Object-oriented programming

Object-oriented programming (OOP) is a programming paradigm based on the concept of objects,[1] which can contain data and code: data in the form of fields (often known as attributes or properties), and code in the form of procedures (often known as methods).

A common feature of objects is that methods are attached to them and can access and modify the object's data fields. In this brand of OOP, there is usually a special name such as this or self used to refer to the current object. In OOP, computer programs are designed by making them out of objects that interact with one another.[2][3] OOP languages are diverse, but the most popular ones are class-based, meaning that objects are instances of classes, which also determine their types.

Many of the most widely used programming languages (such as C++, Java,[4] Python, etc.) are multi-paradigm and they support object-oriented programming to a greater or lesser degree, typically in combination with imperative, procedural programming.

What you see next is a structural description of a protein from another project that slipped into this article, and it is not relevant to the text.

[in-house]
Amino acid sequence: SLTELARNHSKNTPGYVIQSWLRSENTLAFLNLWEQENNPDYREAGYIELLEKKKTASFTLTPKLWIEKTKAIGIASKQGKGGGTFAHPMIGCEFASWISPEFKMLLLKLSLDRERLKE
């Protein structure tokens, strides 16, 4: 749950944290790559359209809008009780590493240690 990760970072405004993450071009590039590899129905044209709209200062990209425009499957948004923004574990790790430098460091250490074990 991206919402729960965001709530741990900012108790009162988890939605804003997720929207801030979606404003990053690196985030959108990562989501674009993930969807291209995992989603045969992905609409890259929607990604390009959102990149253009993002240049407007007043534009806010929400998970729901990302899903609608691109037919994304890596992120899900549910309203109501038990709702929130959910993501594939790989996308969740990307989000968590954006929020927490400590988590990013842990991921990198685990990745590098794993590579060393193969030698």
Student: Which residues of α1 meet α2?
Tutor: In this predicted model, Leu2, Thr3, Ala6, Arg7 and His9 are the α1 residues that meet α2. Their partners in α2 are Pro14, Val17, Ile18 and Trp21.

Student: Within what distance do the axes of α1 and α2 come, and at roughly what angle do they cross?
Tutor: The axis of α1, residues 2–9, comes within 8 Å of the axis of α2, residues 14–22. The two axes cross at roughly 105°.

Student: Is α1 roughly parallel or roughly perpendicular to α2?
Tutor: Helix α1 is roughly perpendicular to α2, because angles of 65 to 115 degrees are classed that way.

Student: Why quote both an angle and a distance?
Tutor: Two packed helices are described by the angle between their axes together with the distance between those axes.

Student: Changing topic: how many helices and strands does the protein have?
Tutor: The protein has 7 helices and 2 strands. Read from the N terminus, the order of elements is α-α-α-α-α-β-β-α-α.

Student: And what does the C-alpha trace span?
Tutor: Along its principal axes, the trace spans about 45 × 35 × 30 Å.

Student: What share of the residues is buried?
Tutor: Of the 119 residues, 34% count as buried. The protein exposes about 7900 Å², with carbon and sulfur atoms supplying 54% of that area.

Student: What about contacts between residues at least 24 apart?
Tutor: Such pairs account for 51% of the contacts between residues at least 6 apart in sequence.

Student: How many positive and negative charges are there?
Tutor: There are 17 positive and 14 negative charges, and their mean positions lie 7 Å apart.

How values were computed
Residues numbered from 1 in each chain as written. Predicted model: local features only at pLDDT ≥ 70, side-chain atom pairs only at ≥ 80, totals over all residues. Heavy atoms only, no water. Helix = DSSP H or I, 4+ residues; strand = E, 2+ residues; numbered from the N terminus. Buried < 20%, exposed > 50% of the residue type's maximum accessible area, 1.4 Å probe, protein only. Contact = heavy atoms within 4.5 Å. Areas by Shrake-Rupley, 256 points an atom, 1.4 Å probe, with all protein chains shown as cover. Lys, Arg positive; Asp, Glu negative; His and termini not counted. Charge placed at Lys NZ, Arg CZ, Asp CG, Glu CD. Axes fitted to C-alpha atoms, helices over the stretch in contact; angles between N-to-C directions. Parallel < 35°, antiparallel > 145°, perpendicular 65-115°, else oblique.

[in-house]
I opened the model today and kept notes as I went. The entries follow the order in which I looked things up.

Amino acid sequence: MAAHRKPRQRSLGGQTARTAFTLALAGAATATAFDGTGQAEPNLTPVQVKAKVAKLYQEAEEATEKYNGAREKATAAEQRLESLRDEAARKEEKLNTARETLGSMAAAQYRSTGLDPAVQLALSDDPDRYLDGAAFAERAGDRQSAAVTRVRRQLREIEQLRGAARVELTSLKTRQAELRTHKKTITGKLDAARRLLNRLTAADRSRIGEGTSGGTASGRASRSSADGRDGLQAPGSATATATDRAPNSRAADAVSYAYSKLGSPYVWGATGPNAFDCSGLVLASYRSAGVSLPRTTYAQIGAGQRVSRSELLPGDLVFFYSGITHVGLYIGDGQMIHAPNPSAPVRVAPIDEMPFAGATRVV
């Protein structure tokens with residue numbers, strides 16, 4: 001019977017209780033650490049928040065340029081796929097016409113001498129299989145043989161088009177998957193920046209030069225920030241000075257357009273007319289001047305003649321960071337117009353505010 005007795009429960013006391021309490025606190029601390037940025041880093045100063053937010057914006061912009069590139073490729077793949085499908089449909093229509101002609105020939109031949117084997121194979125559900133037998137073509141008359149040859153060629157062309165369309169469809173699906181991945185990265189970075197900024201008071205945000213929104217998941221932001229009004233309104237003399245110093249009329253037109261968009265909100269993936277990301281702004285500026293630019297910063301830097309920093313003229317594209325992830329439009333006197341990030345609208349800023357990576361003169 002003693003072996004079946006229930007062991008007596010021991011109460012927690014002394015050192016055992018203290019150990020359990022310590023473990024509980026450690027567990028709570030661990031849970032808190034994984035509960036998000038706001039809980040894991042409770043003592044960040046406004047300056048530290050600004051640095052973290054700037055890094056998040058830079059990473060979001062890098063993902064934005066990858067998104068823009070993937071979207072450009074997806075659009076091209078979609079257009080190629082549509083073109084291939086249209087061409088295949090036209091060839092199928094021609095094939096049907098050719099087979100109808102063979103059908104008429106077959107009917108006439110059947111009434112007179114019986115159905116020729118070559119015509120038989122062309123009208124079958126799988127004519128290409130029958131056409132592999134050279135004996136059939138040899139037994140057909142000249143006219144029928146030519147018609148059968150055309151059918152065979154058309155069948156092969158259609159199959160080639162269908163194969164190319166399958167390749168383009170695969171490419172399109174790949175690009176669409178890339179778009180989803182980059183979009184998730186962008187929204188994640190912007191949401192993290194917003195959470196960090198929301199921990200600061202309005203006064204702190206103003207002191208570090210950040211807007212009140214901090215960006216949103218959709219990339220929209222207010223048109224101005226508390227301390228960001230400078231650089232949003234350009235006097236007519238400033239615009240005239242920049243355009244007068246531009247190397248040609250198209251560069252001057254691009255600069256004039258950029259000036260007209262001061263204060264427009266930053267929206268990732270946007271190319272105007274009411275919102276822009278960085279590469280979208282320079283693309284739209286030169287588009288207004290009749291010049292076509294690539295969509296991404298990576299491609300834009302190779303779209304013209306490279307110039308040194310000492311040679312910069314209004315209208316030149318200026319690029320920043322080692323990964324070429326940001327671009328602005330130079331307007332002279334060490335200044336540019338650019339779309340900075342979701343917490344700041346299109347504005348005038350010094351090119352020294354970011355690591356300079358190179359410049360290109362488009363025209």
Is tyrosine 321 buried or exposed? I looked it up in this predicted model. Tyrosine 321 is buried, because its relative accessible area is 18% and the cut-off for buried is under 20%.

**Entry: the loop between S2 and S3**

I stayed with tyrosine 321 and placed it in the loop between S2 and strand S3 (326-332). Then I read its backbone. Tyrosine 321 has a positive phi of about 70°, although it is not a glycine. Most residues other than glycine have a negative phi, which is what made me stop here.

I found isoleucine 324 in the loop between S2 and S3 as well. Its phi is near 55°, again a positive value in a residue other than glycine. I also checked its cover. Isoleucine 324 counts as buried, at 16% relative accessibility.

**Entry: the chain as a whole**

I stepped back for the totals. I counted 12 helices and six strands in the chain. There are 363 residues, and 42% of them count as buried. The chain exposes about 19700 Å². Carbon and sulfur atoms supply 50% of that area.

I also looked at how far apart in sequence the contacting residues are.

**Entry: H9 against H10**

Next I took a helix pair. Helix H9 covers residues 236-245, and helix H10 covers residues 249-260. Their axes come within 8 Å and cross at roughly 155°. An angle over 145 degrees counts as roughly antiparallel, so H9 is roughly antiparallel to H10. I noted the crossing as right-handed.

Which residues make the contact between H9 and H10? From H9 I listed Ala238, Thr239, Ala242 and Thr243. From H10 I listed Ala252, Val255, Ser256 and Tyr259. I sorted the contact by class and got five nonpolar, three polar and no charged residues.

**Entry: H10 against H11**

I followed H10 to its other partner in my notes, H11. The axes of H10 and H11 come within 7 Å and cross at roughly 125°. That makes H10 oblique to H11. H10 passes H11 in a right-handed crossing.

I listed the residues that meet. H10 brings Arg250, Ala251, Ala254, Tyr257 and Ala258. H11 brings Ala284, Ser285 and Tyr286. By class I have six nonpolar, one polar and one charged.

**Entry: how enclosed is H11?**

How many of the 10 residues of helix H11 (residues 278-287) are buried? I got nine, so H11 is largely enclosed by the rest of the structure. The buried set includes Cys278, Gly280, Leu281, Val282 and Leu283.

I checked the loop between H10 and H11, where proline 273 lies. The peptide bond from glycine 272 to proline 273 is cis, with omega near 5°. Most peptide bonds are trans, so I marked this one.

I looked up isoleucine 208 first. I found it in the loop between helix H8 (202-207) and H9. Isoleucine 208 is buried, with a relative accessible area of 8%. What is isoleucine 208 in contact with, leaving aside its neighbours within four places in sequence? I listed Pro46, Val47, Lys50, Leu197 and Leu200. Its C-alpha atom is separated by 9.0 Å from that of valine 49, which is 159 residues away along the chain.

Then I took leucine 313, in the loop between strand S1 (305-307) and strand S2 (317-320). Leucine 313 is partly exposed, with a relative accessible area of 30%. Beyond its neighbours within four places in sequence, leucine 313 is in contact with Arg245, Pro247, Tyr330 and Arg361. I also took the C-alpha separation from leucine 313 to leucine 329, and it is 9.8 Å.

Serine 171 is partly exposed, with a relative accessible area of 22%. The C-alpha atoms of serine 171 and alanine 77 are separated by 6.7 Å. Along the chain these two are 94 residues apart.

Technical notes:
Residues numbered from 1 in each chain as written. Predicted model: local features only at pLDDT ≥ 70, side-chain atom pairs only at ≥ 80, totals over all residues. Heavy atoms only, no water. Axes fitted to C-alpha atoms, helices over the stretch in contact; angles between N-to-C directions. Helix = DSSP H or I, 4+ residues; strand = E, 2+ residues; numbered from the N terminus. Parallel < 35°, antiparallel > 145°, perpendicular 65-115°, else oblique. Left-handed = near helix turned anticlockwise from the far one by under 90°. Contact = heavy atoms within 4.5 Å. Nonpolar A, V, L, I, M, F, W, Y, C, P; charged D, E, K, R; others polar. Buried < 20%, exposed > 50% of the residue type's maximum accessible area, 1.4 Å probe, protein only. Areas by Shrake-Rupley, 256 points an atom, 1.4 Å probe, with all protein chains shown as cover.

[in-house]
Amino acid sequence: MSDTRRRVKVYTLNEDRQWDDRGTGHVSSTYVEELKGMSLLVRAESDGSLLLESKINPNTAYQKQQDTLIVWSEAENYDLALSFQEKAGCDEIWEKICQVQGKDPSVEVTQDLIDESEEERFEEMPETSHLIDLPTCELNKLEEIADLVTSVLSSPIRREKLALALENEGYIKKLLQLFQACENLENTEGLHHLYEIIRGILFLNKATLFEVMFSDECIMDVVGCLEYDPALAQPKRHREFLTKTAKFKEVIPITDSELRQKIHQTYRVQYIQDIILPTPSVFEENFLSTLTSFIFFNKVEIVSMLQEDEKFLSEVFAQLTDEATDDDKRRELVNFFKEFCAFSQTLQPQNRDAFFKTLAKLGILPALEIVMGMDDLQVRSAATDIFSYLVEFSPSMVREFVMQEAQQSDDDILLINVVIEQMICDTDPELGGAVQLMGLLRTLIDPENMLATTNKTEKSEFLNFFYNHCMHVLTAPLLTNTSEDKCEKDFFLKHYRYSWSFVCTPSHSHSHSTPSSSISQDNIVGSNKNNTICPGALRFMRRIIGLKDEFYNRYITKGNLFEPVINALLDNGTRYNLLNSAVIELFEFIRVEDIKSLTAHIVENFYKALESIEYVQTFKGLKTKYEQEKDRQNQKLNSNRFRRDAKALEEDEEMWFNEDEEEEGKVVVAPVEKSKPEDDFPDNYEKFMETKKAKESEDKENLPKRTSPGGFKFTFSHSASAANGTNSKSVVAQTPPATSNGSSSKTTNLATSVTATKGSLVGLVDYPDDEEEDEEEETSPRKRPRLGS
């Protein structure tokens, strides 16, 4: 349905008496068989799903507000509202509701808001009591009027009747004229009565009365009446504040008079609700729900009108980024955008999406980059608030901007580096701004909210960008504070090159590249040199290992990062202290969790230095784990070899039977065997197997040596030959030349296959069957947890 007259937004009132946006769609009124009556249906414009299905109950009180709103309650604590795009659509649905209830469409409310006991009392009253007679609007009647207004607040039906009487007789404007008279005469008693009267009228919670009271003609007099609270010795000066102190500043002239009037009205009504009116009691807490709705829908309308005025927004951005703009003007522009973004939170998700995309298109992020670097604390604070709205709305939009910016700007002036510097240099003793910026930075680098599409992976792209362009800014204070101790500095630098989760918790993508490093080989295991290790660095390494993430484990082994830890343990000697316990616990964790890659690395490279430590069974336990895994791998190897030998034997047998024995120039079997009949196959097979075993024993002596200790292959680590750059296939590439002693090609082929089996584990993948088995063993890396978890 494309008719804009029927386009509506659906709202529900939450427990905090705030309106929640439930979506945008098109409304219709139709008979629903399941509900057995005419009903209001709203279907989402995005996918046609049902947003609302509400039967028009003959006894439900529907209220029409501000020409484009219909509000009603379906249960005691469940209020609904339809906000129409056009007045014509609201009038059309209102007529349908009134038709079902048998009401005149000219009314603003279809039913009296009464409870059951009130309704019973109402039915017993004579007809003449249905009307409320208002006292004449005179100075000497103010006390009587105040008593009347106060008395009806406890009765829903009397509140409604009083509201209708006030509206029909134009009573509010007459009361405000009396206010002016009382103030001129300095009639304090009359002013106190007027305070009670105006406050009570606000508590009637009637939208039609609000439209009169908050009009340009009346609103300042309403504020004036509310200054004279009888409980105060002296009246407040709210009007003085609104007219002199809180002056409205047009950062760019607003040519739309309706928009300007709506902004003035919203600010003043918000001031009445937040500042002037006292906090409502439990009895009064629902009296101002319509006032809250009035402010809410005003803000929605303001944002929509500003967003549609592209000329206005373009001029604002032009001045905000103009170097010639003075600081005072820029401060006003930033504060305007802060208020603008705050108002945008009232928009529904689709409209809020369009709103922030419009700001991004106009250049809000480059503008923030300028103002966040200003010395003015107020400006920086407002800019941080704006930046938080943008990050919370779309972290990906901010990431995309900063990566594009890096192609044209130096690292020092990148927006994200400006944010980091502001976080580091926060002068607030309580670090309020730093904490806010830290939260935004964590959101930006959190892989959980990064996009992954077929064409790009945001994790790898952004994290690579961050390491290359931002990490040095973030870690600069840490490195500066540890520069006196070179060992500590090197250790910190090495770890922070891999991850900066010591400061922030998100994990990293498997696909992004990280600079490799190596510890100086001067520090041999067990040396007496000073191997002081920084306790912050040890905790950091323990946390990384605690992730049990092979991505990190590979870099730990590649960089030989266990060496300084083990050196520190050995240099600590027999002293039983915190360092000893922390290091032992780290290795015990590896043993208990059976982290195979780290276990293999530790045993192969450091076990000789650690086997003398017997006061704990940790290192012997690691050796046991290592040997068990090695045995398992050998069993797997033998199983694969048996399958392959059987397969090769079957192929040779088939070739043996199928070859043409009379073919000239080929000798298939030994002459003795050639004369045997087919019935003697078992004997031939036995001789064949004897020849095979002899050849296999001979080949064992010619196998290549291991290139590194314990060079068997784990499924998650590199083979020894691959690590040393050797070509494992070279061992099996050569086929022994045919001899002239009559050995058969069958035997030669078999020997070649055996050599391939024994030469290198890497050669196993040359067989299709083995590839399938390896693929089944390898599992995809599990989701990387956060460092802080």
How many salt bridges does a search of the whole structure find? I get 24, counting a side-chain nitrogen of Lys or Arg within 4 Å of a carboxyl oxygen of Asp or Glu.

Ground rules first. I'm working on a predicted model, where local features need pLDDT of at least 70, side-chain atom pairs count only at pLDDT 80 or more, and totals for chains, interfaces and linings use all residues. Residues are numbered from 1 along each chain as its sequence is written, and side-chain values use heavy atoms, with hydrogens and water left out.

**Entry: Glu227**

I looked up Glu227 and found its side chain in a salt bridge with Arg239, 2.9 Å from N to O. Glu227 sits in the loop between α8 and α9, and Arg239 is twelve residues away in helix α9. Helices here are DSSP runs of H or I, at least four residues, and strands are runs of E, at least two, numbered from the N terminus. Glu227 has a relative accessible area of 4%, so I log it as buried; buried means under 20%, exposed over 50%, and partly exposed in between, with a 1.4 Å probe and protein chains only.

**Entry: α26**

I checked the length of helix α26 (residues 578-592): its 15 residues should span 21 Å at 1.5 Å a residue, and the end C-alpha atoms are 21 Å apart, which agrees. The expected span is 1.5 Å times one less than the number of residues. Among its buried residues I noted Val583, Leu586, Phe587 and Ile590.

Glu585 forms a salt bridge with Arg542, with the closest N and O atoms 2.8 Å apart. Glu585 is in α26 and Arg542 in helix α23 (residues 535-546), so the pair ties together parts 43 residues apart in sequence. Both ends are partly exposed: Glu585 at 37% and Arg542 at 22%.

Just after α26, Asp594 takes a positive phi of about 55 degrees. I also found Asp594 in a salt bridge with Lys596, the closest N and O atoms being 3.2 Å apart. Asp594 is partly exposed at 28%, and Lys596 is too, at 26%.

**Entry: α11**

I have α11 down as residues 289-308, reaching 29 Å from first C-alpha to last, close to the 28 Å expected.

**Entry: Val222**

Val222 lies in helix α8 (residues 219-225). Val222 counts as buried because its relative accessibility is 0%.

Significant object-oriented languages include: Ada, ActionScript, C++, Common Lisp, C#, Dart, Eiffel, Fortran 2003, Haxe, Java,[4] JavaScript, Kotlin, Logo, MATLAB, Objective-C, Object Pascal, Perl, PHP, Python, R, Raku, Ruby, Scala, SIMSCRIPT, Simula, Smalltalk, Swift, Vala and Visual Basic.NET.

  1. ^ Cite error: The named reference alanKayOnOO was invoked but never defined (see the help page).
  2. ^ Kindler, E.; Krivy, I. (2011). "Object-Oriented Simulation of systems with sophisticated control". International Journal of General Systems: 313–343. {{cite journal}}: Cite journal requires |journal= (help)
  3. ^ Lewis, John; Loftus, William (2008). Java Software Solutions Foundations of Programming Design 6th ed. Pearson Education Inc. ISBN 978-0-321-53205-3., section 1.6 "Object-Oriented Programming"
  4. ^ a b Bloch 2018, pp. xi–xii, Foreword.

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